A nearby alien world is finally confirmed to have one side locked in permanent darkness and the other in endless sunshine.

It's the first compelling evidence that planets outside our Solar System can become 'tidally locked' to their host stars, with an orbital period exactly the same as its rotational one. The result of this is that one side of the exoplanet always faces the star, with no respite from the scorching heat; and the other side experiences perpetual night.

Luckily, the world, known as LHS 3844b, or Kua'kua, is so close to its host star Batsũ̀ that it is rendered uninhabitable to life as we know it. But the finding finally confirms something astronomers had long suspected – that tidally locked exoplanets are possible and maybe even common in the Milky Way.

"This thing that has been theoretical now feels real," astronomer Nicolas Cowan of McGill University in Canada told Nature. "This is actually what these planets look like."

Tidal locking is a phenomenon that we can observe right here in the Solar System, although not in any of the planets around the Sun. Ever notice that you only ever see one side of the Moon? That's because it's tidally locked to Earth. It happens when the gravitational interaction between two bodies causes their rotations to slowly synchronize with their orbit.

As the two bodies orbit, the gravitational force between them exerts a pull that causes each to distort and bulge towards another slightly. The distorted shapes affect their rotations in such a way that each object synchronizes with its orbit. Being smaller, our Moon's rotation has already fallen into sync with its monthly lap around our planet, though Earth's rotation is also slowing by milliseconds every century thanks to its satellite's firm tug.

Exoplanets that are close to their stars are thought to be the most likely to be affected, since they're subjected to a stronger gravitational pull. But exoplanets are pretty hard to observe directly. We can discern some of their properties indirectly, such as their size, mass, and density, but we've never actually seen most of them directly; and those that we have, we can't see in detail.

One property we can calculate using light intensity data, however, is temperature, and this is what gave the researchers their entry into determining the rotation of Kua'kua, which has an orbital period of just 11.1 hours.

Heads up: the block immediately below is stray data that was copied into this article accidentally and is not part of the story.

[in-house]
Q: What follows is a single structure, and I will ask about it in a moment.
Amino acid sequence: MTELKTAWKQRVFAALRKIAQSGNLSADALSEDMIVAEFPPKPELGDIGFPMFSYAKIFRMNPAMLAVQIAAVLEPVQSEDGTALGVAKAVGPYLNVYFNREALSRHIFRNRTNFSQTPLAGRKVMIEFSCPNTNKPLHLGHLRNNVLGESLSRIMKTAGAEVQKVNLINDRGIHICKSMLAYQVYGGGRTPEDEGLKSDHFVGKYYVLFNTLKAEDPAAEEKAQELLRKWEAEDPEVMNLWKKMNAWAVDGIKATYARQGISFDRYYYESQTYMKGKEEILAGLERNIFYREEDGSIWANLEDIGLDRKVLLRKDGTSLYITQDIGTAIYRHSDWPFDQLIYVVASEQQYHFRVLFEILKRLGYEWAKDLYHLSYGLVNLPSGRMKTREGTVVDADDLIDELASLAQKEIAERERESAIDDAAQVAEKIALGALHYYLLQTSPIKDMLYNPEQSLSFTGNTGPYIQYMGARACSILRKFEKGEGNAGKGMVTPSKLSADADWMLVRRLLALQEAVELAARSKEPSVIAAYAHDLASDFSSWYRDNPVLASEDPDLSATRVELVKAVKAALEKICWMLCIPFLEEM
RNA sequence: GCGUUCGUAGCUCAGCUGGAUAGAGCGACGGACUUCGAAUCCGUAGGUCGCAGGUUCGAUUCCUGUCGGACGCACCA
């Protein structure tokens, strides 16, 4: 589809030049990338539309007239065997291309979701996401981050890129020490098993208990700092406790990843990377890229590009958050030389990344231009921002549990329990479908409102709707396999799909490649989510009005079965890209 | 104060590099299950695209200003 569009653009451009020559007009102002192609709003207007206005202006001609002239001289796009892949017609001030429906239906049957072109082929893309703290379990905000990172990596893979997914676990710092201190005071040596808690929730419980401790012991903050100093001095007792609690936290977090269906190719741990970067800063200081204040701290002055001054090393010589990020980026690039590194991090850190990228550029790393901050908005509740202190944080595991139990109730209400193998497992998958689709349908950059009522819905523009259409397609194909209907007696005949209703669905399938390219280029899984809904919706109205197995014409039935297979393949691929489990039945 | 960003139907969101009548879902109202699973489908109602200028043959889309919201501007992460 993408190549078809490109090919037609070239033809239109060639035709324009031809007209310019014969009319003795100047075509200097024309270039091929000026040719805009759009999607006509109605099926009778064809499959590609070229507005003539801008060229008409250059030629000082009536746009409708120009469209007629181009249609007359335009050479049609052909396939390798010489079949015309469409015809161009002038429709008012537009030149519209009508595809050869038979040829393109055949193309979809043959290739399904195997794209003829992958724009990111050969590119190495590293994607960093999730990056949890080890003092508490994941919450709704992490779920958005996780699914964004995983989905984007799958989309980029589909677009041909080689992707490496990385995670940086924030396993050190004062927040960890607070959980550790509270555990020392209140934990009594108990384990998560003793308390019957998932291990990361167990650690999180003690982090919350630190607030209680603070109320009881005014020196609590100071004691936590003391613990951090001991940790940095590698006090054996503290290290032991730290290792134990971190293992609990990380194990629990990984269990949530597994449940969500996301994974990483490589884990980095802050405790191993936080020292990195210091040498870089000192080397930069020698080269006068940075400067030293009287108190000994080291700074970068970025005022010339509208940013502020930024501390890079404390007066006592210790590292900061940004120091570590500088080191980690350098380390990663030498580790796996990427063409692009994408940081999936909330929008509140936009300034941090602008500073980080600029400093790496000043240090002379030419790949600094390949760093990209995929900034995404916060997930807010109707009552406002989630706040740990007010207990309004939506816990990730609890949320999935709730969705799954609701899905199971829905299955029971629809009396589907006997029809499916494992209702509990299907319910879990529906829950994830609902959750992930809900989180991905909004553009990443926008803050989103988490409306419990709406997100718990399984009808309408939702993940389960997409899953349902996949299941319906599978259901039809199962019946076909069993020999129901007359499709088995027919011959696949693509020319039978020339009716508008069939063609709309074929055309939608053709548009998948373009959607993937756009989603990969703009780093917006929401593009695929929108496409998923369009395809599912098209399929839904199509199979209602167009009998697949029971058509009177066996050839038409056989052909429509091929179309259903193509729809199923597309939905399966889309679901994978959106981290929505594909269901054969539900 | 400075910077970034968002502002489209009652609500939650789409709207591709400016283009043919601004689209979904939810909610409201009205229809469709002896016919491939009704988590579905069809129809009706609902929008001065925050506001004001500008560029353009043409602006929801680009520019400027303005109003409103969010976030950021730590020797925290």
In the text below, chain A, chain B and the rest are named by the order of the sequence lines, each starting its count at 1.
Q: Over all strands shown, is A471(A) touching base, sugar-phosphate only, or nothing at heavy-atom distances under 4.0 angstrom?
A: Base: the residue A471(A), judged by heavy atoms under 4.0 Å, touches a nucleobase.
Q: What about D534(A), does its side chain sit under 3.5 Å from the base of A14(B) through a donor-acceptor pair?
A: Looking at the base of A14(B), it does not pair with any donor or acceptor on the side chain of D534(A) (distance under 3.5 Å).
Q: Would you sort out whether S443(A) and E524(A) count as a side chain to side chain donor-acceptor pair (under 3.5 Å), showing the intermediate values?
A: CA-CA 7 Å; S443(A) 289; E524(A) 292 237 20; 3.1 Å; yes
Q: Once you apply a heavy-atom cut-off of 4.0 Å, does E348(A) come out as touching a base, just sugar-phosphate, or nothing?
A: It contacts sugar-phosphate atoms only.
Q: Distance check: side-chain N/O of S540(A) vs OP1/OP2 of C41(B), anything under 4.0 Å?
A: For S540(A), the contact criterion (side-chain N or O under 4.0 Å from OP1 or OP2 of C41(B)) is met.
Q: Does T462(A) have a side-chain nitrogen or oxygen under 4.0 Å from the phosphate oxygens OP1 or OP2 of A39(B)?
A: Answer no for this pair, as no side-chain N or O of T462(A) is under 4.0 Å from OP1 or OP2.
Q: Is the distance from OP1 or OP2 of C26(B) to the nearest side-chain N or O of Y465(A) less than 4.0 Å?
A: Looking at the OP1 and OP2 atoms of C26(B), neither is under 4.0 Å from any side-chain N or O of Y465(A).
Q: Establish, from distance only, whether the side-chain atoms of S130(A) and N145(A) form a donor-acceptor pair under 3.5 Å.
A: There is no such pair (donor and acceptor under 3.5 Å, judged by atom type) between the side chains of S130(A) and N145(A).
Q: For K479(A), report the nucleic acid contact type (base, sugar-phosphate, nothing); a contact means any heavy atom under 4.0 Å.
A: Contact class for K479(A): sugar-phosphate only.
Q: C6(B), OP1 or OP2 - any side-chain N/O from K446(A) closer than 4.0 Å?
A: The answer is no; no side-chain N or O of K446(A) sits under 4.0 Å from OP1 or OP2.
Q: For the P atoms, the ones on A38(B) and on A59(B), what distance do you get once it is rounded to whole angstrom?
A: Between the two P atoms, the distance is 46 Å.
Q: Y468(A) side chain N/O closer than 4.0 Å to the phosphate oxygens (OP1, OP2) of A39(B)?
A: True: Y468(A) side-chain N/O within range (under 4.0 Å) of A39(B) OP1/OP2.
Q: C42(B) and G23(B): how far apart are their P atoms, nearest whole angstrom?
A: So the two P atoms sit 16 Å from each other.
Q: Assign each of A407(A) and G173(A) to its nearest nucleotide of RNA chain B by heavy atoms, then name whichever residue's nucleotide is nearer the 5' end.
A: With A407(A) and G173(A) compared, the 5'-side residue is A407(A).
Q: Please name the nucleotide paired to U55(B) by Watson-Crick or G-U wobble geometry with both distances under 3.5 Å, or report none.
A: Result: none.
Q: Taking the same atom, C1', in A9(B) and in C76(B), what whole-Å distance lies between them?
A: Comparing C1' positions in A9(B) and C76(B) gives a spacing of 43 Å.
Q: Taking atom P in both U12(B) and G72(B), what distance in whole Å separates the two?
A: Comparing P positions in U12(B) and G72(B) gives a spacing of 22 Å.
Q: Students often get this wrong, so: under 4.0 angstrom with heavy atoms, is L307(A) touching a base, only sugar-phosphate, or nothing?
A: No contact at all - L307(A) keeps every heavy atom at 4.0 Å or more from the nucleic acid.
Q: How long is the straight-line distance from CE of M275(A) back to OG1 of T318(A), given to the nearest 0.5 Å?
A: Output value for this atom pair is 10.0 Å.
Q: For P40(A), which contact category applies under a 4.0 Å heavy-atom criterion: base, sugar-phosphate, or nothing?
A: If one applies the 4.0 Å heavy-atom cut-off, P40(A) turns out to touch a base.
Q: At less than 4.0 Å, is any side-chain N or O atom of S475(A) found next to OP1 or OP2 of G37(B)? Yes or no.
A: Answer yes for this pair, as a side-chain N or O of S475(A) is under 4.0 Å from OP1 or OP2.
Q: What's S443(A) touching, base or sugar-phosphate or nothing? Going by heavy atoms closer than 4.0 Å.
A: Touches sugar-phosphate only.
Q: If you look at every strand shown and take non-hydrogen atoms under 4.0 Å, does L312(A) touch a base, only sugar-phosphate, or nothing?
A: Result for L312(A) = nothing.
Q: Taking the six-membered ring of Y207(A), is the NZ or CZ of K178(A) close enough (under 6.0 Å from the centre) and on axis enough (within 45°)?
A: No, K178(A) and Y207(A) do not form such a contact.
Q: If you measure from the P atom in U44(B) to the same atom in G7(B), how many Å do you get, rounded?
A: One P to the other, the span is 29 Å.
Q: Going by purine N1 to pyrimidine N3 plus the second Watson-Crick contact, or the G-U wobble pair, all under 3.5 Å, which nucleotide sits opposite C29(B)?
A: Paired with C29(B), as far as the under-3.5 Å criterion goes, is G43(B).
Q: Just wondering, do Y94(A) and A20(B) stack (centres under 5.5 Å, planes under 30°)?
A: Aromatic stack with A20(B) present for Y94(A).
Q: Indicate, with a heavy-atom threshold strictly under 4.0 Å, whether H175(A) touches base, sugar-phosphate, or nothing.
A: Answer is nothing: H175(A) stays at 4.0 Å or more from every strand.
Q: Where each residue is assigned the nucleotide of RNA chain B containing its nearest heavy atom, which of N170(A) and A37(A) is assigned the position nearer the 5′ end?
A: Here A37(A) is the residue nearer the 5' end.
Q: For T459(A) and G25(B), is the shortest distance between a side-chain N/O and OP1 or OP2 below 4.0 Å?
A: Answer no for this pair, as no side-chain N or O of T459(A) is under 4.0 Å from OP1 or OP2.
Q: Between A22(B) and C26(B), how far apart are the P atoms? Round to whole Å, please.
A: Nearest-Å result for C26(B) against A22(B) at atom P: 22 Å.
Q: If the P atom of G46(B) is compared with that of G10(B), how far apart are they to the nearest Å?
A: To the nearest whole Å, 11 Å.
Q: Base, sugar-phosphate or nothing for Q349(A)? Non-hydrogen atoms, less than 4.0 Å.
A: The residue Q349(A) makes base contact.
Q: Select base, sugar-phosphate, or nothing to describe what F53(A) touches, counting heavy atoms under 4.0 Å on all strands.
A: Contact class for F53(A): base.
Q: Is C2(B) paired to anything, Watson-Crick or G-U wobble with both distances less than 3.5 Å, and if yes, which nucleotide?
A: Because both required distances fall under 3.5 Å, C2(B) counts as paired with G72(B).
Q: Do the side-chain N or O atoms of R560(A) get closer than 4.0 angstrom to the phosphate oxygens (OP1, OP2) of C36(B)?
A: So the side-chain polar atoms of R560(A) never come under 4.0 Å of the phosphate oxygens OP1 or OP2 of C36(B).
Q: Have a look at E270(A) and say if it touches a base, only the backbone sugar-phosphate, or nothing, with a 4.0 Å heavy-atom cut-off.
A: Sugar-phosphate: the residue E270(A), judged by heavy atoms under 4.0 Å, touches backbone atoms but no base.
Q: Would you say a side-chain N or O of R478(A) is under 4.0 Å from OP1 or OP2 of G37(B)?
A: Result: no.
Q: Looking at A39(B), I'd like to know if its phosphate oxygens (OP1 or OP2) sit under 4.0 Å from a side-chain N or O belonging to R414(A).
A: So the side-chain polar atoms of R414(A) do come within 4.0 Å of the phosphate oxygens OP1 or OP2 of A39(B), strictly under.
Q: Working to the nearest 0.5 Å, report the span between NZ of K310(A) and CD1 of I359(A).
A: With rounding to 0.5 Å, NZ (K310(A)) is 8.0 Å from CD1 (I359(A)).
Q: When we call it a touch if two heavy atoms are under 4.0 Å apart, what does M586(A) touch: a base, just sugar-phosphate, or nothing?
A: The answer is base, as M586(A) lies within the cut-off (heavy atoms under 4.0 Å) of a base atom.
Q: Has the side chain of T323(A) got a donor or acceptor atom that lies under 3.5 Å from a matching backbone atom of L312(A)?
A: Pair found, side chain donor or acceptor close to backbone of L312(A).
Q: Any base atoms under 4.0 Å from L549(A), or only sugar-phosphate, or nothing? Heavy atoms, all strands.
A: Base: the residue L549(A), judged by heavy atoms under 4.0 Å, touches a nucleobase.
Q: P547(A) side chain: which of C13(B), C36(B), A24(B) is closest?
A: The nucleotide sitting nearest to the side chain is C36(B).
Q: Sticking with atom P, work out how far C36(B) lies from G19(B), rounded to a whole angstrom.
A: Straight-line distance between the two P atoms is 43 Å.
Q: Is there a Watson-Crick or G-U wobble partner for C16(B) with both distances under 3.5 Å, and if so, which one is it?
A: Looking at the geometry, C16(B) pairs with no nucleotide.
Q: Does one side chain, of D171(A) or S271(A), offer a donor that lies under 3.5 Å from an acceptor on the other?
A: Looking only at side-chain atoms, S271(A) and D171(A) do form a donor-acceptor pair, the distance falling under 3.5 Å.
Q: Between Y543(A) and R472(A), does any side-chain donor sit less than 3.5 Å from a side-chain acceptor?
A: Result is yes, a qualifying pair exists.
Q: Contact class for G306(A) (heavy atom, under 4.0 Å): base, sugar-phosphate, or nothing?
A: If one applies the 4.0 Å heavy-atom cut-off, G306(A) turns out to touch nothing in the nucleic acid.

Previous research has revealed that the exoplanet – orbiting its star 48 light-years away – is 1.3 times the radius and 2.25 times the mass of Earth. This is consistent with a density of 5.646 grams per centimeter cubed – just a little higher than the density of Earth, suggesting a rocky composition. Research also suggests that Kua'kua doesn't have an atmosphere, meaning that any temperature readings are directly related to its surface.

Led by astronomer Xintong Lyu of Peking University in China, the researchers developed a global thermal model of an exoplanet without an atmosphere, and compared it to observations of the system taken using the infrared Spitzer telescope.

Specifically, they were looking for evidence of the internal heating that is generated by the ever-changing distortion during an asynchronous orbit. If the exoplanet was not tidally locked, the internal stress generated by the gravity of the star constantly trying to change its shape would heat Kua'kua up inside, and this would be detectable in infrared light.

Instead, what they found is that the exoplanet is far too cool for anything other than a tidally locked orbit. It's possible that the world does have a thin atmosphere, but if it doesn't, it's essentially a naked, tidally locked rock – pretty much like the Moon, but bigger.

We'll need further observations with more powerful instruments to confirm; but, currently, the results represent the best evidence yet that some worlds can be locked to their stars.

The team's research has been published in The Astrophysical Journal.